The standard stuff, like PRINT, GOTO and such are implemented straightforwardly.  In this dialect, however, the only abbreviation that is allowed is the question mark, short for PRINT. I may, at some point, add the other shortcuts (PR for PRint, INput, etc.) but, for now, I am concentrating on core functionality.

As memory is at a premium, I removed code from the Graphics driver that was not necessary. This included all of the bitmap and tile graphics code, except for code that was necessary for the text console handling, clipping code and the initialization code. The other API’s are stock from Nurve or Microchip (the SD file handling API.)

I also developed a new font, using the C64 font supplied by Nurve (the old Commodore 64 font was too fat, but, now I have too much spacing between characters, I’ll add it to my to do list.)

Currently, the interpreter still has a few bugs, chiefly the line editor is wonky and randomly will reset the board.  The SAVE code is also buggy.  Once these bugs are squashed, I plan to do some code optimizing.  Fortunately, the originally code base was pretty tight, so most of the optimizing will be from my own sloppy coding.

Stay tuned for more.

Sample ArdBasic ‘guess my number’ code:

100 REM ** Sample ArdBasic Code
110 CLS
120 LOCATE 6,10
130 PRINT "GUESS THE NUMBER"
140 N=RND(1)
150 C=1
160 PRINT "GUESS #",C
170 PRINT "ENTER YOUR GUESS:",
180 INPUT G
190 IF G=N GOTO 250
200 PRINT "SORRY, TOO ",
210 IF G>N PRINT "HIGH": PLAY 9
220 IF G<N PRINT "LOW": PLAY 2
230 C=C+1:PLAY 0
240 GOTO 160
250 PRINT "YOU GUESSED MY NUMBER!"

To-Do:

  • Fix bugs
  • Add ability to chain programs
  • Add file deletion
  • Add rudimentary text files to the language
  • Font
  • Code optimizing
  • Graphics?

For more information:

From patch cords and punch cards to GUI’s and Mice: how programming evolved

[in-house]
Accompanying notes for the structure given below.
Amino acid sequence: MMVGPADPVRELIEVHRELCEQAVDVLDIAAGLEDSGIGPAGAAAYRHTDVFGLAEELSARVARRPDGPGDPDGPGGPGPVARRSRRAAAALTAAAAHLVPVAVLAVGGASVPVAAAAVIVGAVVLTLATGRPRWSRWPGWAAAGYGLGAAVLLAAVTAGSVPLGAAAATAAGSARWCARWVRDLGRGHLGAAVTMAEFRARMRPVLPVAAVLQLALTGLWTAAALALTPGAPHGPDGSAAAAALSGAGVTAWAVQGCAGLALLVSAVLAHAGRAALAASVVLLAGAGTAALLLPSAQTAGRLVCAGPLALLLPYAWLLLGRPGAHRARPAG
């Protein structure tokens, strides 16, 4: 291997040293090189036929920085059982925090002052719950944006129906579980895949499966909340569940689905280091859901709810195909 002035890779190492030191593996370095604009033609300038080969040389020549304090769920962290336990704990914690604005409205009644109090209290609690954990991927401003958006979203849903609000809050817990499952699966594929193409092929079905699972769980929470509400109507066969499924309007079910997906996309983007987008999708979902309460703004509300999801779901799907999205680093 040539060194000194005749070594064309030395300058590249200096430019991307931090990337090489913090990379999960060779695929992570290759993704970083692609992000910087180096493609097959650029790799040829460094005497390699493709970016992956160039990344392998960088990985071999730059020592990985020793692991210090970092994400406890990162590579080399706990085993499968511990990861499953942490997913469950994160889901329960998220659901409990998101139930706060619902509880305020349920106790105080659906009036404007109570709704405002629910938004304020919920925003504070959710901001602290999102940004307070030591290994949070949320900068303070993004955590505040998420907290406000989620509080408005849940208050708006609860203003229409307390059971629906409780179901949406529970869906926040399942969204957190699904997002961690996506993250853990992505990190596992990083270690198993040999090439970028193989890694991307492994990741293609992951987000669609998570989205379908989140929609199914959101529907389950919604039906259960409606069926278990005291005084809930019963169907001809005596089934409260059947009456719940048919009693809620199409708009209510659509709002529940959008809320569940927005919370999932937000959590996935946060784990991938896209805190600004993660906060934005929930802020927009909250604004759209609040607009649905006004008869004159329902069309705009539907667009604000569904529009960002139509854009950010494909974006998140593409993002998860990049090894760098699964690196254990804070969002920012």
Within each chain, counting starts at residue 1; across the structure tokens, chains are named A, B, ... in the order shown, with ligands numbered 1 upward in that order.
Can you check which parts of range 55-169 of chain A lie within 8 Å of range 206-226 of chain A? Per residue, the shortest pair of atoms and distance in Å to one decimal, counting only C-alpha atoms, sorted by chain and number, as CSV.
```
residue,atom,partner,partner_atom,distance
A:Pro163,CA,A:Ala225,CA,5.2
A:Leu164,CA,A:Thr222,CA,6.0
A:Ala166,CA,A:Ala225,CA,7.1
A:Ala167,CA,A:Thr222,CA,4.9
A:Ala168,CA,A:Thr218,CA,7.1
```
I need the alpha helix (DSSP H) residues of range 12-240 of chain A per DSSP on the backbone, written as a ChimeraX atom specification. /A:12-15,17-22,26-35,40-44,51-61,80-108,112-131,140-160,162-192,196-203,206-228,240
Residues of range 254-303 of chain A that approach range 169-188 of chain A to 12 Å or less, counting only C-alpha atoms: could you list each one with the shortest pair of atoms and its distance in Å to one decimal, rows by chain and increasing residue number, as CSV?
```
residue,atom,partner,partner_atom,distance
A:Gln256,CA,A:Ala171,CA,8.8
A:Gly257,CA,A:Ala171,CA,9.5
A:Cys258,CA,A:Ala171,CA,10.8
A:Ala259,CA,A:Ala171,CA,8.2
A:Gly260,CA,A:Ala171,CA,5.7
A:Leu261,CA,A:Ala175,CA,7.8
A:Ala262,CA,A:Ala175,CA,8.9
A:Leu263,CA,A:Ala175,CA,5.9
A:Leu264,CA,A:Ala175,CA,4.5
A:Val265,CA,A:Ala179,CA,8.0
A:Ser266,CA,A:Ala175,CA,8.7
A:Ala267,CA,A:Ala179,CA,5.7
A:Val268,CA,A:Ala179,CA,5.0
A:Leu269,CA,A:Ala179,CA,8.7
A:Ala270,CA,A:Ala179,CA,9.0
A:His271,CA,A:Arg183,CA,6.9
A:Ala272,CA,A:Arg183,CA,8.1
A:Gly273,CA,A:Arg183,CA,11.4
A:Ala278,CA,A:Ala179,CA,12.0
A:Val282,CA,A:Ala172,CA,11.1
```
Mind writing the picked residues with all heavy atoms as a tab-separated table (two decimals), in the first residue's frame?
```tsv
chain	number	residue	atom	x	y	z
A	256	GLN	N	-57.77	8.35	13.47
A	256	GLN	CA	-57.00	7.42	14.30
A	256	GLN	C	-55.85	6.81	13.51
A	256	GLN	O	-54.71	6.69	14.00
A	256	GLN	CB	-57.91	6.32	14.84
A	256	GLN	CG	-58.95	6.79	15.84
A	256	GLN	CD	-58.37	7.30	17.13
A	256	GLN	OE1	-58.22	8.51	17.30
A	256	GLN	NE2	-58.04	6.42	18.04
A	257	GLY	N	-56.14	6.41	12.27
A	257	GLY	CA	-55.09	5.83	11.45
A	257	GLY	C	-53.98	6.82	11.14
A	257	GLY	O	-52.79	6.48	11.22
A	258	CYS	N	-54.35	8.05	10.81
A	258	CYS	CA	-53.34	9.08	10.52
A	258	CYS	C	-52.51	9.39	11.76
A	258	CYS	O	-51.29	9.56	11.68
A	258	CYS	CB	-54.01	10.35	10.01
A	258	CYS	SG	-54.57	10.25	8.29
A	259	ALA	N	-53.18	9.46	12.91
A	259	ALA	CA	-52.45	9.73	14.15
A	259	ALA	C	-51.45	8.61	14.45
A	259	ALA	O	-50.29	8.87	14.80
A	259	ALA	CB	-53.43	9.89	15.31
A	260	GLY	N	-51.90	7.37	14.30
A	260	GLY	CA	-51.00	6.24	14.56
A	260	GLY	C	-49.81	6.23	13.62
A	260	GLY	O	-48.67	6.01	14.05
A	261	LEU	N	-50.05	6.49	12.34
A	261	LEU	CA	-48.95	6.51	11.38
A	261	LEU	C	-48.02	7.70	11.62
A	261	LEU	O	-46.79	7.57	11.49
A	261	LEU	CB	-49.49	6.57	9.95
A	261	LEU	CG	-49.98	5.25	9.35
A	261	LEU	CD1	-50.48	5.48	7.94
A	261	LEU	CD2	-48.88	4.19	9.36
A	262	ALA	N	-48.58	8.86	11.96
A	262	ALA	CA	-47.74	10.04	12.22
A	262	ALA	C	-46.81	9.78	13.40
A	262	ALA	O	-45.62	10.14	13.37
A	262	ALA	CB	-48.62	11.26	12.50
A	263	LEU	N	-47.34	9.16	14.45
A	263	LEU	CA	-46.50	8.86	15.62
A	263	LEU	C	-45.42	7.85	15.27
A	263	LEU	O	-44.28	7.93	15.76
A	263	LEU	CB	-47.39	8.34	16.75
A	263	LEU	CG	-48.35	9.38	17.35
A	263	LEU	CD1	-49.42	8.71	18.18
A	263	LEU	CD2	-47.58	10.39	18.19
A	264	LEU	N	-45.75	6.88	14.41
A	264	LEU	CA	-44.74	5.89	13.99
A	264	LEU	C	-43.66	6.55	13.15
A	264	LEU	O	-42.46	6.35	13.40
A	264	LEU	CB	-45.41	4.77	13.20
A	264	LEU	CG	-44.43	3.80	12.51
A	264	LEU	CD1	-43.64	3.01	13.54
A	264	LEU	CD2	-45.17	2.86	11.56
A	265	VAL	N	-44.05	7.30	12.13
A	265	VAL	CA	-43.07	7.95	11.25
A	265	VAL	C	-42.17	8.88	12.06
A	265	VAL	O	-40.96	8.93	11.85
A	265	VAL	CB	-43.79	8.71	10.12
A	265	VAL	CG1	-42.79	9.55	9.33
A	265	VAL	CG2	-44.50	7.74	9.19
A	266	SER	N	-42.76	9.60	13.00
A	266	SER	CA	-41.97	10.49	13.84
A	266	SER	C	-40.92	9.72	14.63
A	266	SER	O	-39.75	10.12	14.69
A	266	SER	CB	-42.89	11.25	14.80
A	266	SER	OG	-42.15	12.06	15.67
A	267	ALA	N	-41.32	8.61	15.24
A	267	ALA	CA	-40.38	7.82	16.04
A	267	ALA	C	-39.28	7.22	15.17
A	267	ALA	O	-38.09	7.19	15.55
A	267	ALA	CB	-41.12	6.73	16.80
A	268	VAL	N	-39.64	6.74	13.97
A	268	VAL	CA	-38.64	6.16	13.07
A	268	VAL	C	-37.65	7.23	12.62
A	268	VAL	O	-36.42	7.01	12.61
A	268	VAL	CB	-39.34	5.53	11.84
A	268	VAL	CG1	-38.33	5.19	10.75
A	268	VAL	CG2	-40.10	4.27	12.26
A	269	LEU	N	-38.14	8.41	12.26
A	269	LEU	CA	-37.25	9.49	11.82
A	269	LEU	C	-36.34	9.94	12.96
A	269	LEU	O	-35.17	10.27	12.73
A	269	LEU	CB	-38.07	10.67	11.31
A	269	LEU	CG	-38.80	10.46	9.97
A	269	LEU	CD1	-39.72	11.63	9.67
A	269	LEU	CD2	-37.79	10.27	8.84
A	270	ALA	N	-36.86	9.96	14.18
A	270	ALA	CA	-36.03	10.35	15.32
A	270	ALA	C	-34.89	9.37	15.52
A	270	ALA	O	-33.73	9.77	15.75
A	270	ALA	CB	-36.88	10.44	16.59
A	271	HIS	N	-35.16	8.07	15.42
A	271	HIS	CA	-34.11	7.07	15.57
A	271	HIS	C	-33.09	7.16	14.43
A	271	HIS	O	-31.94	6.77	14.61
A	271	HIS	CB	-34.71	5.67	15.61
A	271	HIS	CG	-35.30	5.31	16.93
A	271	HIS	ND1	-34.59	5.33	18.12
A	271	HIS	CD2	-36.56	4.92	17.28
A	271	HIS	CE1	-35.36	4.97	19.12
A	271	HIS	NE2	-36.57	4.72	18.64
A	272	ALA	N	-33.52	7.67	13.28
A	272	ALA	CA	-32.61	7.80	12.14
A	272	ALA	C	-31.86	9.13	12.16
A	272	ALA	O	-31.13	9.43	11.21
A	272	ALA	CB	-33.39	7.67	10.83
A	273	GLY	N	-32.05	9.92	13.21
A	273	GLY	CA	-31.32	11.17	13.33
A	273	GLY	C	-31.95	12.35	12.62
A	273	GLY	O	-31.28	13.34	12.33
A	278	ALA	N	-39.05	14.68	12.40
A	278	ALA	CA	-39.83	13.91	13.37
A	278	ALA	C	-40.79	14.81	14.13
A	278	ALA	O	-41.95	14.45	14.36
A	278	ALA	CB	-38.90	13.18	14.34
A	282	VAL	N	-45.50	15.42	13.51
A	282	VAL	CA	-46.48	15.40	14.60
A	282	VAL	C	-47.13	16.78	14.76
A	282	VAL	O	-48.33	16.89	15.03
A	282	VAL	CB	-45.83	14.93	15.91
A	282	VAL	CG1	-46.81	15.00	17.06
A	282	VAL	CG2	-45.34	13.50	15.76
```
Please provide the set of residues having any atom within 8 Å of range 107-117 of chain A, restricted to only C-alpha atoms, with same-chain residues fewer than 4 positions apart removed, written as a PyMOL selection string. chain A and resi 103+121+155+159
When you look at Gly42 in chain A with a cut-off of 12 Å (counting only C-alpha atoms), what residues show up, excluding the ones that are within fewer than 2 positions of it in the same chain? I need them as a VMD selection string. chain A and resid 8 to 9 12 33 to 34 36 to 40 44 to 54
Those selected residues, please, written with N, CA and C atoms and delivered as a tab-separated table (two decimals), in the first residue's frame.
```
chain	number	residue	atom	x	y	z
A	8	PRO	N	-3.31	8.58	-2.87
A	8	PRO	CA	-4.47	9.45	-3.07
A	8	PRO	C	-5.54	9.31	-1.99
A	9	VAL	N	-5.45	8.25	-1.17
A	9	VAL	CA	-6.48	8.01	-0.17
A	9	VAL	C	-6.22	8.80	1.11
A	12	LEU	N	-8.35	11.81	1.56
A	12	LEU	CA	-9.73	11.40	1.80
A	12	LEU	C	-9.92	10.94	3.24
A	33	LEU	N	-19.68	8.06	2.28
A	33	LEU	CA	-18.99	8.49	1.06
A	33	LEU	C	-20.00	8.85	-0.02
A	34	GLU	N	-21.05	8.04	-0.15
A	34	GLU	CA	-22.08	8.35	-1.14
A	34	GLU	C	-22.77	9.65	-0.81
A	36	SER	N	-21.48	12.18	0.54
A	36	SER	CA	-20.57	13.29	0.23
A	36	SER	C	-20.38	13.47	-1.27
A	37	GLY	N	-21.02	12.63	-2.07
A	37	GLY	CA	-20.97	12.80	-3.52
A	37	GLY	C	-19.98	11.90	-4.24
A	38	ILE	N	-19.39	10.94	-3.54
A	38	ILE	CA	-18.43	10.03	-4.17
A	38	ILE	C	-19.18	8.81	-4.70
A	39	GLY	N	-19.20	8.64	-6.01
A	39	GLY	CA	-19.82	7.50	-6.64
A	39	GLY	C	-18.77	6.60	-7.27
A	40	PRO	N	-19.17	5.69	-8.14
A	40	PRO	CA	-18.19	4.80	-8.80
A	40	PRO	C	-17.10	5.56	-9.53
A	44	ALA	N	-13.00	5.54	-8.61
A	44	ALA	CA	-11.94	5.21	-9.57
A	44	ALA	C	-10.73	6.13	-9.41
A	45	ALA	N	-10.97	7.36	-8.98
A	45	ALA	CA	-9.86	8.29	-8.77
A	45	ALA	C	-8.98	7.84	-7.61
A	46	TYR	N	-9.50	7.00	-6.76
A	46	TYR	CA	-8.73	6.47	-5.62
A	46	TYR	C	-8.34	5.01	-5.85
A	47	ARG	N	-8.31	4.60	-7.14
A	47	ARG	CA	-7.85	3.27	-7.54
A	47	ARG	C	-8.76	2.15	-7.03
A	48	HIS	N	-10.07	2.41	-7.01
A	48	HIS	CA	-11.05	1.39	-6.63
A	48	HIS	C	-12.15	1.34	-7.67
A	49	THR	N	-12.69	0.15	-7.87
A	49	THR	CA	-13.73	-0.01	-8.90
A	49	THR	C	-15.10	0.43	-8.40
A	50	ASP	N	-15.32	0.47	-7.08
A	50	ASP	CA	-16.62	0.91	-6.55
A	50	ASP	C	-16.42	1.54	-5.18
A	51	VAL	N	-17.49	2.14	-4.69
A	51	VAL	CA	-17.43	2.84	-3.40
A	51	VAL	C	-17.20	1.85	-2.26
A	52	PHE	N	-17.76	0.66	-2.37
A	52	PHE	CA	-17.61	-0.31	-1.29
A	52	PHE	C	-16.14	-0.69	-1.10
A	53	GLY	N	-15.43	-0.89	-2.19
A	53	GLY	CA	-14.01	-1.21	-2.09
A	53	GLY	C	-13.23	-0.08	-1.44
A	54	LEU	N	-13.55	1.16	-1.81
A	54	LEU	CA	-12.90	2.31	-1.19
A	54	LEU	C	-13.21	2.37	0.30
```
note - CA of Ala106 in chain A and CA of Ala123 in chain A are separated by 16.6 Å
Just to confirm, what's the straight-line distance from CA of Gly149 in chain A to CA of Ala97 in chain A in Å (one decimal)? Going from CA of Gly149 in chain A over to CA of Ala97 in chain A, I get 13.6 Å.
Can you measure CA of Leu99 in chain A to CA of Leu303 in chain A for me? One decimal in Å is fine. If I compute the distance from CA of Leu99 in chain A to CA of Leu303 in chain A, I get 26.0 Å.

Software development has come a very long way since the early days of 1946 when Eniac was programmed via patch cords.  When more modern computers, such as Univac, hit the market, programming them was better, but still required skills that were just impossible to come by. The problem was so bad, that it nearly derailed the whole industry before it really got going.

IBM704That changed, though, in 1954 when John Backus of IBM developed the FORTRAN language.  Considered the first successful high level language, FORTRAN, short for FORmula TRANslator, was, initially, greeted with a bit of skepticism, but that was satiated with the optimizing compiler. There was a fear that the code it generated would not be as tight as the previously hand assembled code, so the optimizing compiler was developed to quell those fears.

The first FORTRAN was released in 1957, followed up the next year with FORTRAN II, which contained enhancements including the addition of procedural programming. Functions and subroutines allow the developer to create their own functions for the first time.

FORTRAN was a big step forward, but it had its limitations. Primarily, it was not very good with business uses. The solution would come from a committee that formed in 1959.  The committee was formed by people from the government and private industry.

FLOW-MATIC, a language developed by Grace Hopper, was used as the foundation for COBOL, or COmmon Business Oriented Language. FLOW-MATIC was drawn from more than other language specs mainly because it was the only one that had actually been deployed and used. COBOL gained wide acceptance in business and enjoyed a run that continues today, though it use has dramatically declined over the last couple of decades. 

Both FORTRAN and COBOL served both the science, research and business communities, but they were not all that easy to master. FORTRAN more than COBOL, but were still out of reach for many.  In 1962, John Kemeny and Thomas Kurtz developed the Beginners All-purpose Symbolic Instruction Code, or BASIC.  Panned by most ‘professional’ programmers and purists, BASIC, nonetheless, gained wide acceptance in the 1970’s with the advent of the microcomputer.